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Author Thomas, D.N.; Kennedy, H.; Kattner, G.; Gerdes, D.; Gough, C.; Dieckmann, G.S. url  openurl
  Title Biogeochemistry of platelet ice: its influence on particle flux under fast ice in the Weddell Sea, Antarctica Type Journal Article
  Year 2001 Publication Polar Biology Abbreviated Journal Polar Biol  
  Volume 24 Issue (up) 7 Pages 486-496  
  Keywords  
  Abstract An array of four sediment traps and one current meter was deployed under a well-developed platelet layer for 15 days in the Drescher Inlet in the Riiser Larsen ice shelf, in February 1998. Traps were deployed at 10 m (just under the platelet layer), 112 m (above the thermocline), 230 m (below thermocline) and 360 m (close to sea floor). There was a substantial flux of particulate organic material out of the platelet layer, although higher amounts were collected in the traps either side of the thermocline. Material collected was predominantly composed of faecal pellets containing diatom species growing within the platelet layer. The size classes of these pellets suggest they derive from protists grazing rather than from larger metazoans. Sediment trap material was analysed for particulate organic carbon/nitrogen/phosphorus (POC/PON/POP) and ?¹³CPOC (carbon isotopic composition of POC). These were compared with organic matter in the overlying platelet layer and the water column. In turn, the biogeochemistry of the platelet layer and water column was investigated and the organic matter characteristics related to inorganic nutrients (nitrate, nitrite, ammonium, silicate, phosphate), dissolved organic carbon/nitrogen (DOC/DON), pH, dissolved inorganic carbon (DIC), oxygen and ?¹³CDIC (carbon isotopic composition dissolved inorganic carbon).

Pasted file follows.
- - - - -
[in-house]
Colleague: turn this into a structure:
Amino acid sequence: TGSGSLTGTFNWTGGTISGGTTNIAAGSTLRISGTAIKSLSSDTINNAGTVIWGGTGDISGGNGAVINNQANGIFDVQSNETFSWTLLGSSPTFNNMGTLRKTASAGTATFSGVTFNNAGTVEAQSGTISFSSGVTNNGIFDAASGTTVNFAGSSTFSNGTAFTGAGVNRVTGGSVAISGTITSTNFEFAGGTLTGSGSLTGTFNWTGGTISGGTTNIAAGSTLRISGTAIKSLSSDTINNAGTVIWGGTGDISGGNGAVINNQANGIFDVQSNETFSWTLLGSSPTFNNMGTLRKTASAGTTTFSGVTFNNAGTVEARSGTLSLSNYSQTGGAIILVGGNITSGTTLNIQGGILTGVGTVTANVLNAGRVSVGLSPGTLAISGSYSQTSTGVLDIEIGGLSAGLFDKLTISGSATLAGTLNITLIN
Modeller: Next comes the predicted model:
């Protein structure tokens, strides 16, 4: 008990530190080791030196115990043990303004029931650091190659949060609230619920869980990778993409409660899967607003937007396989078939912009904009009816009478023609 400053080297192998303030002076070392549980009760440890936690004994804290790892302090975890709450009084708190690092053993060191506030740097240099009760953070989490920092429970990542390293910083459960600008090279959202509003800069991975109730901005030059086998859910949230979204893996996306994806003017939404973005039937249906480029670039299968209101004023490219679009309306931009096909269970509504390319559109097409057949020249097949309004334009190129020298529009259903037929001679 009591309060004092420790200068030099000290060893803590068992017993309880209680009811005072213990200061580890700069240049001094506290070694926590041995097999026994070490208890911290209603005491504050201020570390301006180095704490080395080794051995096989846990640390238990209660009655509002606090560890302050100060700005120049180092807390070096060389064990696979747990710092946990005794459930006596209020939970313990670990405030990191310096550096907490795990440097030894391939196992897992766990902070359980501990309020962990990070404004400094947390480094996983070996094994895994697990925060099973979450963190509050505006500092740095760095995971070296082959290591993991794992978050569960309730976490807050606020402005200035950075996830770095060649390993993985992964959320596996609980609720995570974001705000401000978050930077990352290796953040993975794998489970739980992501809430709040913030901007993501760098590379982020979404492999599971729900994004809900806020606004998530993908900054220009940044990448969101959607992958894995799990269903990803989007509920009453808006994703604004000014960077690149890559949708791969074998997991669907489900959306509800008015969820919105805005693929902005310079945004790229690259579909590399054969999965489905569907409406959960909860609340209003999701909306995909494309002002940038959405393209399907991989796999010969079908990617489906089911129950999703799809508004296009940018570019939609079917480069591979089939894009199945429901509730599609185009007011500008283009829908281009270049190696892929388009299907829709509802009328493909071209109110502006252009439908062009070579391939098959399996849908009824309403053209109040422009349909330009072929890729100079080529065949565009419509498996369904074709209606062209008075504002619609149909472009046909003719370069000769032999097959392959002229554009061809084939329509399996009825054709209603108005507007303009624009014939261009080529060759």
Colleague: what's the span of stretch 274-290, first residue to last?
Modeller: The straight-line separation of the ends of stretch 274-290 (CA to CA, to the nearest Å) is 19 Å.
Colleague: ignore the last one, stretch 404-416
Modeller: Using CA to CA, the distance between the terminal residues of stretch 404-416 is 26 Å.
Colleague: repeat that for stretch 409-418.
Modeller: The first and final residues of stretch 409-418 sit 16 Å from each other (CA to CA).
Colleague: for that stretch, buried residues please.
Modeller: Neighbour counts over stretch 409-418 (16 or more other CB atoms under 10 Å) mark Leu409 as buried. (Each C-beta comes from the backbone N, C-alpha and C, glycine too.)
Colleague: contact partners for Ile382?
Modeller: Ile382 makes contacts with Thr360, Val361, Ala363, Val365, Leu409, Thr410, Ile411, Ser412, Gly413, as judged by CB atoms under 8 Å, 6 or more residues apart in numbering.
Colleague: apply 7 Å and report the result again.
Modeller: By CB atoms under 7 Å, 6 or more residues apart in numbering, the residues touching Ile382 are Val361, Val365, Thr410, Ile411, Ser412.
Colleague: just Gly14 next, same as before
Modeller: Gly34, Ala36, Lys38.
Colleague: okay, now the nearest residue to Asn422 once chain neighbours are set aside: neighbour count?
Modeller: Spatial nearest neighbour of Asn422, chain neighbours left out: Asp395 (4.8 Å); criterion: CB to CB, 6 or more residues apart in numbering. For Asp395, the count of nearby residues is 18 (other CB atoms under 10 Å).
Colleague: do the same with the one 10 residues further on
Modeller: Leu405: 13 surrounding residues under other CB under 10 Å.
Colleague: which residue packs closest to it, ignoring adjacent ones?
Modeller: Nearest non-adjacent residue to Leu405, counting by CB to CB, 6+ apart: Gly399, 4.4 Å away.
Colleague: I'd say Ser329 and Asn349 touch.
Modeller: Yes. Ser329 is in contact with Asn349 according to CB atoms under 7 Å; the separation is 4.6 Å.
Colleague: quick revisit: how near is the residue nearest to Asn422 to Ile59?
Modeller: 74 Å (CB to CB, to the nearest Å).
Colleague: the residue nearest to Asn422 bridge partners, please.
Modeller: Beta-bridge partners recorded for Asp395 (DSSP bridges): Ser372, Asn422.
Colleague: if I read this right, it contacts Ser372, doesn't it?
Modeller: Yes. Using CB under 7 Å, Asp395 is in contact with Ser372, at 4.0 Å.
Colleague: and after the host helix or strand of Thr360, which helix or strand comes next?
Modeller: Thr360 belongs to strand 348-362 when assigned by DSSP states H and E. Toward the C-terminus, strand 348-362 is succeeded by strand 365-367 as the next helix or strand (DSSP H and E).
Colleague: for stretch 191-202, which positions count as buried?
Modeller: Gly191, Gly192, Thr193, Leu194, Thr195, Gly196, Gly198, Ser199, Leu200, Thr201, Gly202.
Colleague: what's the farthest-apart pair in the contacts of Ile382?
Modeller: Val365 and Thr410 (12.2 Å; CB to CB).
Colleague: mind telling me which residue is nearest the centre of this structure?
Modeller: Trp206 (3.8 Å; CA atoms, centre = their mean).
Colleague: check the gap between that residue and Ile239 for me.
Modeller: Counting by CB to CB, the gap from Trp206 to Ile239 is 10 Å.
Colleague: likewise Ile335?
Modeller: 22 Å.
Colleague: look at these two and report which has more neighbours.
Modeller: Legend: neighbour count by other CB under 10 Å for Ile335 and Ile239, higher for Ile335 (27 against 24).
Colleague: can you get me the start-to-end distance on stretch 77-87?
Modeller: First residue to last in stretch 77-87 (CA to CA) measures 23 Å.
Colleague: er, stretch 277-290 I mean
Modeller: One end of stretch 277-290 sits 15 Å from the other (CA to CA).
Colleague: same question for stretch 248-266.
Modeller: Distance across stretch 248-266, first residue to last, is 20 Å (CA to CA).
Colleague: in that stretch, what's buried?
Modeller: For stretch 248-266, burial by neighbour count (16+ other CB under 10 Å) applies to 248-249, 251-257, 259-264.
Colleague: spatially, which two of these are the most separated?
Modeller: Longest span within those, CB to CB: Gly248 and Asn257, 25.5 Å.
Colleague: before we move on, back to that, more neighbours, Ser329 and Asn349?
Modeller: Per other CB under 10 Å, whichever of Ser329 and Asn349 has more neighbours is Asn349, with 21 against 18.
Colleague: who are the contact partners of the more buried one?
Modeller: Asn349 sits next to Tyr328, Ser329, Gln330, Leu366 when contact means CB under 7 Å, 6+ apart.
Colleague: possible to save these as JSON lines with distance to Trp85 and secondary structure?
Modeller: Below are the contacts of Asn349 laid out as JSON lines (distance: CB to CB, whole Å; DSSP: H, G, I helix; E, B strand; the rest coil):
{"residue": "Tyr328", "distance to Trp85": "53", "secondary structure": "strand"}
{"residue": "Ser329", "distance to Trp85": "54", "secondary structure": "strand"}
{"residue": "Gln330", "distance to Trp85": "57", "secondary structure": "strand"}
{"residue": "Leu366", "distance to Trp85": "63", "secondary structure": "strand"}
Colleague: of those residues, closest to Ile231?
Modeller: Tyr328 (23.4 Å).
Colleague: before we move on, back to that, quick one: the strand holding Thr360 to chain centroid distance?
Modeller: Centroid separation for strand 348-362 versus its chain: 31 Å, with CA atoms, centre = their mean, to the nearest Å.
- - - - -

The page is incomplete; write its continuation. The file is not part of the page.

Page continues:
Address  
  Corporate Author Thesis  
  Publisher Springer-Verlag Place of Publication Heidelberg Editor  
  Language Summary Language Original Title  
  Series Editor Series Title Abbreviated Series Title  
  Series Volume Series Issue Edition  
  ISSN 0722-4060 ISBN Medium  
  Area Expedition Conference  
  Notes Approved no  
  Call Number refbase @ admin @ Thomas++2001_2 Serial 762  
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Author Schnack-Schiel, S.B.; Dieckmann, G.S.; Kattner, G.; Thomas, D.N. url  openurl